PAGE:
In acting, the first rule of improvisation is to say, "Yes, AND", the idea behind it being that a scene can only move forward if you first accept the circumstances around you, and then add to them. "Yes, AND" allows for collaboration. "Yes, AND" fosters imagination. "Yes, AND" instigates progress.
For a long time, my life felt like one "No" after another. I wanted to be an actor but couldn't even get an audition, never mind an actual role. I was working four jobs and just barely getting by. I was definitely more "starving" than "artist".
I was losing the "game" that is getting work as an actor. The truth is that I wasn't trying very hard to play it. I didn't like the rules. As a woman, I felt like I was expected to live up to an imaginary ideal perpetuated by the oversimplified narrative most female characters are placed into. I remember one particularly painful audition that required all the actresses to bring bikinis with them. Usually I would have fled from kind of request, but it was for a reputable graduate film program so, (against my better judgement) I went. I made it to the "please put your bathing suit on" phase and was then given a scene that required me to violently assault my scene partner. I asked if we could practice once or twice, just to make sure no one got hurt. Or perhaps I could just show my half-naked rage through my words? I was dismissed and received an email a few days later saying that I was "too aristocratic" for the part. I was tempted to reply "Are you sure you didn't mean 'too smart'?"
I thought getting an agent would help my situation, but was told again and again that I was not a "type" and therefore un-castable. It would be more accurate to say that I am not a "type" that fits into the mainstream representation of women. Where were the stories and roles that I identified with? I was stuck.
But then I got a text from my good friend, Will Sullivan. It read:
"I want to shoot a movie this summer. All improv. For zero budget. Will you produce and star in it?"
In that moment, the answer seemed obvious to me. YES. Had I ever produced a film before? No. Did I have any idea what this movie was going to be about? Of course not. But what did I have to lose?
So I said Yes. And it was in my power to make it happen. It was time to choose my own narrative.
We decided to make a film about relationships - not about falling in love, but about what it takes to make love last. Will and our cinematographer, Derek Dodge, wrote the story outline, but there was never a set script. It was up to the actors to create their own dialogue and define the arc of each scene. I had the freedom to craft a character who was in a state of change and therefore undefined by any mold. The experience was transformative for me, not only as an actor and first time producer, but as a young woman who felt like she needed to re-define her sense of self. It scared me, so I knew it was important.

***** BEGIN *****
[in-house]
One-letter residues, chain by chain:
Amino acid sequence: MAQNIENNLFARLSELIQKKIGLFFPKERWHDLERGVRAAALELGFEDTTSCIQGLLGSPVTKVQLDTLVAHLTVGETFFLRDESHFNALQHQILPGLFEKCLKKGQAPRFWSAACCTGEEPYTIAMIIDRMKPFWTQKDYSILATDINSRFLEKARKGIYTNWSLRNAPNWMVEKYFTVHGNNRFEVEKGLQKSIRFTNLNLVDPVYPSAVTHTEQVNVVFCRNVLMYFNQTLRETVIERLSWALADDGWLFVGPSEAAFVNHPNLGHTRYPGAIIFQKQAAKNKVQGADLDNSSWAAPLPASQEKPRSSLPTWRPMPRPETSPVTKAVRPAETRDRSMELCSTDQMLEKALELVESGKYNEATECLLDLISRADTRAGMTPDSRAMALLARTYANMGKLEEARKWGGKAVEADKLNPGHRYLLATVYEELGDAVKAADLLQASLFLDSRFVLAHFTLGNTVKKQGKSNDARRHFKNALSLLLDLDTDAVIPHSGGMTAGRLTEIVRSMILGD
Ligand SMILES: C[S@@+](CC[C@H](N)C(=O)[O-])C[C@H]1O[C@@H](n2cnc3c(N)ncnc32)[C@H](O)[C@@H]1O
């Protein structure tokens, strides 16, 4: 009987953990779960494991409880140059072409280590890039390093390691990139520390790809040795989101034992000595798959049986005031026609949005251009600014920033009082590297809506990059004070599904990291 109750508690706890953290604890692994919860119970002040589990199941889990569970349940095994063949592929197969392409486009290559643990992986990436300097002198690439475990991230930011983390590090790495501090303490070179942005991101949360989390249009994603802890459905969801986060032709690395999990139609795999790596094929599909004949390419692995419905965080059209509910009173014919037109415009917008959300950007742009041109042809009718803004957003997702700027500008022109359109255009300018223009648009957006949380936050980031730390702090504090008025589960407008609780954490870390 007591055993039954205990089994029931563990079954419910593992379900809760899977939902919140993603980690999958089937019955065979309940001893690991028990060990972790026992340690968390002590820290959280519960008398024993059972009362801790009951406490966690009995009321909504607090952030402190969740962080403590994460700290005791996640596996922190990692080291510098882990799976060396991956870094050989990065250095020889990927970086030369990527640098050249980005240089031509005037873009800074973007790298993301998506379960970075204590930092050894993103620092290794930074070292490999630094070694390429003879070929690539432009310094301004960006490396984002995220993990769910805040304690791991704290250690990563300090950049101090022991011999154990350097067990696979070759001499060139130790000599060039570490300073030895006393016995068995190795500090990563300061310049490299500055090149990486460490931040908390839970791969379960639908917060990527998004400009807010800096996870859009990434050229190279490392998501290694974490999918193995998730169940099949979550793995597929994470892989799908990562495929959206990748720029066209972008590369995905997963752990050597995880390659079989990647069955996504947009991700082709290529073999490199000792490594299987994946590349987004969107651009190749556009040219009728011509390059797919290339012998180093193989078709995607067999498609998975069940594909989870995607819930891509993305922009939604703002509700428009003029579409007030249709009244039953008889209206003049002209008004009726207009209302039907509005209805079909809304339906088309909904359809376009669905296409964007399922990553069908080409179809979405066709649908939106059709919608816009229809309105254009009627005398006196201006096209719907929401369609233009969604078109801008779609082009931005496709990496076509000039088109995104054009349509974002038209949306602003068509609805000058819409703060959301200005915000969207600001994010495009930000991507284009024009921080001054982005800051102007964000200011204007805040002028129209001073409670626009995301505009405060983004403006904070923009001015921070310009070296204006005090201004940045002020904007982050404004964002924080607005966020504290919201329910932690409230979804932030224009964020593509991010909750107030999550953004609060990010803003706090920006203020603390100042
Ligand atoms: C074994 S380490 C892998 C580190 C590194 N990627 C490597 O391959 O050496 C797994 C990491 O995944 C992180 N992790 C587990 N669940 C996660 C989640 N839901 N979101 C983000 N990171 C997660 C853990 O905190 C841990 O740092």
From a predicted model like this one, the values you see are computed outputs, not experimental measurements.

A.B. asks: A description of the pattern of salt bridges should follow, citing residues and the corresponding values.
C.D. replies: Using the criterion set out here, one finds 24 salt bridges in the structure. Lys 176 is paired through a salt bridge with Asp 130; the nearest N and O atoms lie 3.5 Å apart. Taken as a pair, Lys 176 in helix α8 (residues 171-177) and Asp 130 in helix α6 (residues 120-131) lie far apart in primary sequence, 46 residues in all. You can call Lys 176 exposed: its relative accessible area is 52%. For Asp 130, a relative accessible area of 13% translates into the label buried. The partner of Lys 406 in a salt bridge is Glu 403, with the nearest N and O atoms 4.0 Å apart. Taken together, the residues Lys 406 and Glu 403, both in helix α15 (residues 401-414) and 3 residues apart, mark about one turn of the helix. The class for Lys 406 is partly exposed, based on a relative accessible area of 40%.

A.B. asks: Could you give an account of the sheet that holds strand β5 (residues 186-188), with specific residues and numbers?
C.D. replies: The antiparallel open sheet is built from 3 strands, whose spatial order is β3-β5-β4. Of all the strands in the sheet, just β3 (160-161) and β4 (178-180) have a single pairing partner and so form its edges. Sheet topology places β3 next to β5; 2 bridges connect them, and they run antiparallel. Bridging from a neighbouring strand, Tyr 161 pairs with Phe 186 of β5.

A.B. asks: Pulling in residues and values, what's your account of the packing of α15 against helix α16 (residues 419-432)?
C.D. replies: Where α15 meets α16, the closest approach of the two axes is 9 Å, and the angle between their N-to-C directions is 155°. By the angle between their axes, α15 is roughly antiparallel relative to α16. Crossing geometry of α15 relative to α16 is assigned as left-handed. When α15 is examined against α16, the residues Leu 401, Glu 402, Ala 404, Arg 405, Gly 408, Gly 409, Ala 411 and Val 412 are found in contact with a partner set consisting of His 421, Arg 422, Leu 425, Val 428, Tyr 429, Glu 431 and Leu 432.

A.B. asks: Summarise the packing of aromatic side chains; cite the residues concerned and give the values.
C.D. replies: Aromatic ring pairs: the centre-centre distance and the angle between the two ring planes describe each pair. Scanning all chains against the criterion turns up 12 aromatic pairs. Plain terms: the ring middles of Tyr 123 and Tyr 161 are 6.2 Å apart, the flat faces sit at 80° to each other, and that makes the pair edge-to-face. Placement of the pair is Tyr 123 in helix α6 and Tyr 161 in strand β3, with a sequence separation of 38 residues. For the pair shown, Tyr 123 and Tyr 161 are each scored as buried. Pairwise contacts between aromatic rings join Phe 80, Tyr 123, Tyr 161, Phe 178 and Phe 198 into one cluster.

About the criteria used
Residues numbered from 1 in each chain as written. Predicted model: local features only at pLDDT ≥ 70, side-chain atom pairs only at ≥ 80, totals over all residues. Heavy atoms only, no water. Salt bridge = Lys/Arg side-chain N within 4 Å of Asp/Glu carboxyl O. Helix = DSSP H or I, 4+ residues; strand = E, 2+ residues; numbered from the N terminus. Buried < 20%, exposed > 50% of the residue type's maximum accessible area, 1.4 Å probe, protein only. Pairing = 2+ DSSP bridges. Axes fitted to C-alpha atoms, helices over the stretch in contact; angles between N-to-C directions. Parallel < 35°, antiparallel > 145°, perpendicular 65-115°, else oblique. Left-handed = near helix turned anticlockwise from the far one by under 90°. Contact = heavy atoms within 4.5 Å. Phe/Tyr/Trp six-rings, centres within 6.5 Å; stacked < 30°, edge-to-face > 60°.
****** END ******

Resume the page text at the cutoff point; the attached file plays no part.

My greatest obstacle has always been fear. Fear of imperfection, fear of being wrong, fear of failing. This project taught me that there is no better cure for fear than action. As we hurtled towards production, I oscillated between thrill and absolute terror. I had no idea what I was doing but I had to do it anyway. Everyday I woke up feeling like I was in full relevé on the edge of a cliff. The only way to forward was to jump. There were moments of soaring and moments of falling hard on my face. I learned, though, that even if I fell, at least I had found the ground. I could get up and keep going. Three days before our shoot started, I cut off all my hair. I did it for the part, but I also did it for me. While the deed itself was superficial, it symbolized the letting go of an image I felt I was expected to fit into. I was released from who I thought I should be, and free to figure out who I could be.
What started as a text message is now a feature film, That's Not Us, set to be released later this year. Making it was a gift of self-discovery - as a leader, as a woman, as an artist, and as an imperfect being who still has much to learn. I had the privilege of being able to make mistakes and learn by doing. To me, that is the true essence of independent film. It's about creating work on your own terms, exploding the mold, and saying "yes, and" to the opportunities that come with attempting the unknown.